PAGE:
In 1571, the town was called San Pedro Tunasan and it was only a village, a part of the old town of Tabuko. The name San Pedro was in honor of St. Peter the Apostle while the appendage Tunasan came from the name of a place known for an abundant supply of "tunas", a medicinal plant.
San Pedro became a town on January 18, 1725 when it separated from Tabuko. Along with the barrios of Cuyab, San Antonio, Landayan, and Poblacion, San Pedro later included the barrios of San Vicente (1812), San Roque (1880), Sto. Niņo (1897), Estrella, Langgam, Laram, Bagong Silang (1914-1917), and Nueva (1973).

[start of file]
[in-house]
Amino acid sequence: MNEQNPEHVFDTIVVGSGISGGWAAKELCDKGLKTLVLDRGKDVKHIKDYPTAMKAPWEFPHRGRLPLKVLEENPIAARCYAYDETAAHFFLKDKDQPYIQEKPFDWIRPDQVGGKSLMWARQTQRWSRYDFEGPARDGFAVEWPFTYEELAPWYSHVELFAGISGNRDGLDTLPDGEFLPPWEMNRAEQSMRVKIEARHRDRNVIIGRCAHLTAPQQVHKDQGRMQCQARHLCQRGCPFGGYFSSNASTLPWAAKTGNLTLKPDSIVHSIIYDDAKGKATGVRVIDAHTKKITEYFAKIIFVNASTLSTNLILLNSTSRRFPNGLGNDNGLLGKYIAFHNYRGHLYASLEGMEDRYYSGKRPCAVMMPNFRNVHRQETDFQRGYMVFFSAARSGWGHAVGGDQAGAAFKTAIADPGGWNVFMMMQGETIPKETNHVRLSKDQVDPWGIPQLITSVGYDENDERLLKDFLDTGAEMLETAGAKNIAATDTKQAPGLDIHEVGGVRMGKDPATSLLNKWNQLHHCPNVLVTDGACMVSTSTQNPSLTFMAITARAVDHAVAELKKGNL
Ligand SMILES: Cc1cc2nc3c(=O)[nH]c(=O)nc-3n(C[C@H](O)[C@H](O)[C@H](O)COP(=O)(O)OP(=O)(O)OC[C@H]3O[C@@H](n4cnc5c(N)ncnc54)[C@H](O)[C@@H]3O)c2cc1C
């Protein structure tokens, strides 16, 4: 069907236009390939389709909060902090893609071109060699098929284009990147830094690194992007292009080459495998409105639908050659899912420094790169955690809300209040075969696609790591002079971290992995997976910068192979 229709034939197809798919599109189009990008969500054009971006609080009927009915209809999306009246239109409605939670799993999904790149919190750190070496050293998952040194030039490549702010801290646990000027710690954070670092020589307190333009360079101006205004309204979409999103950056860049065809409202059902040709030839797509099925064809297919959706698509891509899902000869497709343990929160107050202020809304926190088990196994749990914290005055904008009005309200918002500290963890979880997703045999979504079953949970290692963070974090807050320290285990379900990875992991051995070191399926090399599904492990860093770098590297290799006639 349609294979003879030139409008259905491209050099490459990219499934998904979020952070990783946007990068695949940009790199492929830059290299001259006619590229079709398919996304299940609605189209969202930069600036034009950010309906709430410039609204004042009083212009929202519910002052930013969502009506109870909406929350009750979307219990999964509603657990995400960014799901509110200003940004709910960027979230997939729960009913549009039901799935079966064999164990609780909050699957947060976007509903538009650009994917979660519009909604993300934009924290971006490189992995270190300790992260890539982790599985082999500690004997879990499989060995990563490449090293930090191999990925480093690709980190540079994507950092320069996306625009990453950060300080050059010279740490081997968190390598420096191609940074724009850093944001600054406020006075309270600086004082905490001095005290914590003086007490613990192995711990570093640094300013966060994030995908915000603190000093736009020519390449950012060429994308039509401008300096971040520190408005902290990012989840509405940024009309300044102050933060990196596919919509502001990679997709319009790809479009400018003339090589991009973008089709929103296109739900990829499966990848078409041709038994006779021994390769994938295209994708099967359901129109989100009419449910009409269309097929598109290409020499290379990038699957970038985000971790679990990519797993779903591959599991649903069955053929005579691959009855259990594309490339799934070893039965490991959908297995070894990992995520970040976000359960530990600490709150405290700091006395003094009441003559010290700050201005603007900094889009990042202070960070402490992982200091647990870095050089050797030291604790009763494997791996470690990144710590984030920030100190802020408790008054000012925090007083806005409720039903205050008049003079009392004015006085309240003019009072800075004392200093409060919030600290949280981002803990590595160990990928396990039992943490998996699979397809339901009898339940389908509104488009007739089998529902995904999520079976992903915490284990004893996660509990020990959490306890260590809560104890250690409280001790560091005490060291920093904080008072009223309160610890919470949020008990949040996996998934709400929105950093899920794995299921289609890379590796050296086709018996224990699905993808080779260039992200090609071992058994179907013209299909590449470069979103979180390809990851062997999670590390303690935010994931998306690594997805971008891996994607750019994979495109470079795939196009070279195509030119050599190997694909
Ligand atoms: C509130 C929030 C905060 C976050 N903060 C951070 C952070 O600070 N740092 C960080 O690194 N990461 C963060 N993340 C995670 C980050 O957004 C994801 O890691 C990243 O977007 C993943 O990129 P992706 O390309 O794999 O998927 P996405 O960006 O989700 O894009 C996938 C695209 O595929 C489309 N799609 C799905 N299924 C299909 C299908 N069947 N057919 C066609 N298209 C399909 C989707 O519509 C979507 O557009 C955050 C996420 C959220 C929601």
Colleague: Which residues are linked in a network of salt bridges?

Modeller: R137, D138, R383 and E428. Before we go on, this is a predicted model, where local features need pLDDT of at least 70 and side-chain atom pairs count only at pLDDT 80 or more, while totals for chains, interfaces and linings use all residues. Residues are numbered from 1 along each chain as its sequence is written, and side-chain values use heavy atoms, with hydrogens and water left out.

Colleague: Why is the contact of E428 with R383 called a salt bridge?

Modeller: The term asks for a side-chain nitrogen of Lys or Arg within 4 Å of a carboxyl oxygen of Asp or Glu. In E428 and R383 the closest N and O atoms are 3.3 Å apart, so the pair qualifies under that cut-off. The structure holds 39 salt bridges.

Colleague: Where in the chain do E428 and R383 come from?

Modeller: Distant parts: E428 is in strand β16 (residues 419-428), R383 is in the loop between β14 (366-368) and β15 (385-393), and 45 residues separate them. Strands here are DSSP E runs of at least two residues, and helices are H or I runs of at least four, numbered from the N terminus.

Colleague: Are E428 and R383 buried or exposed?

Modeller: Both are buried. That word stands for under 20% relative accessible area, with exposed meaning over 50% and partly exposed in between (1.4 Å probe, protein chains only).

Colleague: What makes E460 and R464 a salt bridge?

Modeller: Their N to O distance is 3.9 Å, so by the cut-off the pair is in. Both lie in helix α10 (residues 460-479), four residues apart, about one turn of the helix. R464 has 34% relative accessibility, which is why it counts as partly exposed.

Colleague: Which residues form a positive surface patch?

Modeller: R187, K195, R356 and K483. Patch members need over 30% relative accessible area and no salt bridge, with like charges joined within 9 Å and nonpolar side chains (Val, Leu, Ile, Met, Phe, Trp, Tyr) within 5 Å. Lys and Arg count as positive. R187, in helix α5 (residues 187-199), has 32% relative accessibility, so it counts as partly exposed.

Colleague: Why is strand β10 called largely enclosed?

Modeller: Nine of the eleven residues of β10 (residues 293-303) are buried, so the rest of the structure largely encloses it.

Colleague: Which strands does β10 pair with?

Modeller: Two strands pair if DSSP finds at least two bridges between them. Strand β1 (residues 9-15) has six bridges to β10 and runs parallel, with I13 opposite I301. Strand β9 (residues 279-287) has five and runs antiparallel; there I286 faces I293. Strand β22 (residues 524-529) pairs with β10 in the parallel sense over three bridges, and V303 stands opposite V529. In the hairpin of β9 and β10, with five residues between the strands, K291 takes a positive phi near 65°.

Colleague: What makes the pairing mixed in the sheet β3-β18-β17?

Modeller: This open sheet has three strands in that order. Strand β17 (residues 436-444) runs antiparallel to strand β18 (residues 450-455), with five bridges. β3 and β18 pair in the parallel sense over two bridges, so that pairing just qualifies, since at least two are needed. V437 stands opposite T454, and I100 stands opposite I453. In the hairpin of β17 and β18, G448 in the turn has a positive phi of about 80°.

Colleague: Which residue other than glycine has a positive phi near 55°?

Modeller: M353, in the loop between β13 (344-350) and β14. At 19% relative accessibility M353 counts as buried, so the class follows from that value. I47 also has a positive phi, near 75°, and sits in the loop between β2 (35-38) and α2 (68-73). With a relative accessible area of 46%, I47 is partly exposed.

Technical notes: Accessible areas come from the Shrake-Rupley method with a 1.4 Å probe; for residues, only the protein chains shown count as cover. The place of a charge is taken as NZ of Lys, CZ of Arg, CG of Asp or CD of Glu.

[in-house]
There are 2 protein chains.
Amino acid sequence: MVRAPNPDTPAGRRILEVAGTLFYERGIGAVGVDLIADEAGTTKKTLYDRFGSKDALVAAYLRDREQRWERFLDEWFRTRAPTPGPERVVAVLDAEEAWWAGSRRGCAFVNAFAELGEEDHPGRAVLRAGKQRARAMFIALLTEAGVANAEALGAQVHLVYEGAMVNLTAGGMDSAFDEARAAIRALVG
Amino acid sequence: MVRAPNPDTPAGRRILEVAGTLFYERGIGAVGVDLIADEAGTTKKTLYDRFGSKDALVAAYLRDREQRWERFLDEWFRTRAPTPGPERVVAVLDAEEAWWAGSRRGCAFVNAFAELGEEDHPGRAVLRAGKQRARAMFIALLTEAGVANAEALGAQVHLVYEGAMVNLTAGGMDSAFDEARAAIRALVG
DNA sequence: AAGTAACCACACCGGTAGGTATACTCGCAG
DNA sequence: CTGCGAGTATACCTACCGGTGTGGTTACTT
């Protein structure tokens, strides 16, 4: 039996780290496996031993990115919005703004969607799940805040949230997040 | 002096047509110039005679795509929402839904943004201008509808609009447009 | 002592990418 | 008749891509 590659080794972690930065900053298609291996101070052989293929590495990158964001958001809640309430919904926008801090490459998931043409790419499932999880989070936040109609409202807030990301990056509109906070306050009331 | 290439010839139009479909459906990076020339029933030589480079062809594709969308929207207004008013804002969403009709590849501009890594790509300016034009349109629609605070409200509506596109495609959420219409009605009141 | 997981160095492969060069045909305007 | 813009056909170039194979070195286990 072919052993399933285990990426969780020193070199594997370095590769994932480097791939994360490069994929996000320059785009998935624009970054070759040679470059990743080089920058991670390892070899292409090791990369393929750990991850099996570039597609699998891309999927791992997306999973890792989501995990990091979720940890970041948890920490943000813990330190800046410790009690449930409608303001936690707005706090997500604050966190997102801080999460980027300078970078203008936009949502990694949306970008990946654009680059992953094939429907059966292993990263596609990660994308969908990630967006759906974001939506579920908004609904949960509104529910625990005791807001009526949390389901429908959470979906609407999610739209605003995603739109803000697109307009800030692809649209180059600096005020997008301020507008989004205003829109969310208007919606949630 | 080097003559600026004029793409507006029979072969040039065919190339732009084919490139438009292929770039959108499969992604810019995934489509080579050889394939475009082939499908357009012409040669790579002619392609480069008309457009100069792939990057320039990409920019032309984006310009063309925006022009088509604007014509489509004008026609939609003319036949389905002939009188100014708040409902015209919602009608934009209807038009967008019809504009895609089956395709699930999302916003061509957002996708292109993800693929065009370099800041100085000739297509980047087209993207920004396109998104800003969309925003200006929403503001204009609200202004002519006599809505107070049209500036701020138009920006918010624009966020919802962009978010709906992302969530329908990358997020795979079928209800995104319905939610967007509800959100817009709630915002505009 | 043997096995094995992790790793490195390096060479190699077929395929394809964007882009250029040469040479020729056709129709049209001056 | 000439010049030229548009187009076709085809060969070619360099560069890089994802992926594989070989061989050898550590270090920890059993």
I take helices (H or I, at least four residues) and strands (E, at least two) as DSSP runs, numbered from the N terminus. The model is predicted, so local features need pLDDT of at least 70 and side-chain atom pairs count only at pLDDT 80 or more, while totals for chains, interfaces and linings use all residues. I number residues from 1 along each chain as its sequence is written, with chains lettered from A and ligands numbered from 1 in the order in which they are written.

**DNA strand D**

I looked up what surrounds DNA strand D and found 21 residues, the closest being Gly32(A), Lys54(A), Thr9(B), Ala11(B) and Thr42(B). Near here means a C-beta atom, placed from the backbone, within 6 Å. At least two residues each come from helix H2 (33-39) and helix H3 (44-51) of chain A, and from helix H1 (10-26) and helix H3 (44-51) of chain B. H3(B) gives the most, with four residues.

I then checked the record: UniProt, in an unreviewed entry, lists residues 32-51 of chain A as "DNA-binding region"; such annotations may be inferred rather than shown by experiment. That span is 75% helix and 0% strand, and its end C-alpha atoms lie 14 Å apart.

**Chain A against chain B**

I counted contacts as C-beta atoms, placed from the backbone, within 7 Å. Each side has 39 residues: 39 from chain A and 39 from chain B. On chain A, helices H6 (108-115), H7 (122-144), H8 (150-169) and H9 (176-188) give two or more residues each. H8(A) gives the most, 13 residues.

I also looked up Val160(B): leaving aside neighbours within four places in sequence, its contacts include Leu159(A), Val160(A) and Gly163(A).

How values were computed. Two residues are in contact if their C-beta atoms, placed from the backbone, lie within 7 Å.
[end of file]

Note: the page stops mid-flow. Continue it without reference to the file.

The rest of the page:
However, San Pedro was temporarily placed under the jurisdiction of Biņan on January 1, 1903, for a more efficient administrative control. This lasted for four years.
On August 30, 1954 President Ramon Magsaysay signed the Tenancy Act in San Pedro's town plaza. The signing of the law that was referred to as "a milestone in resolving the tenant-landlord problem" put San Pedro as a key landmark in the annals of agrarian reform.
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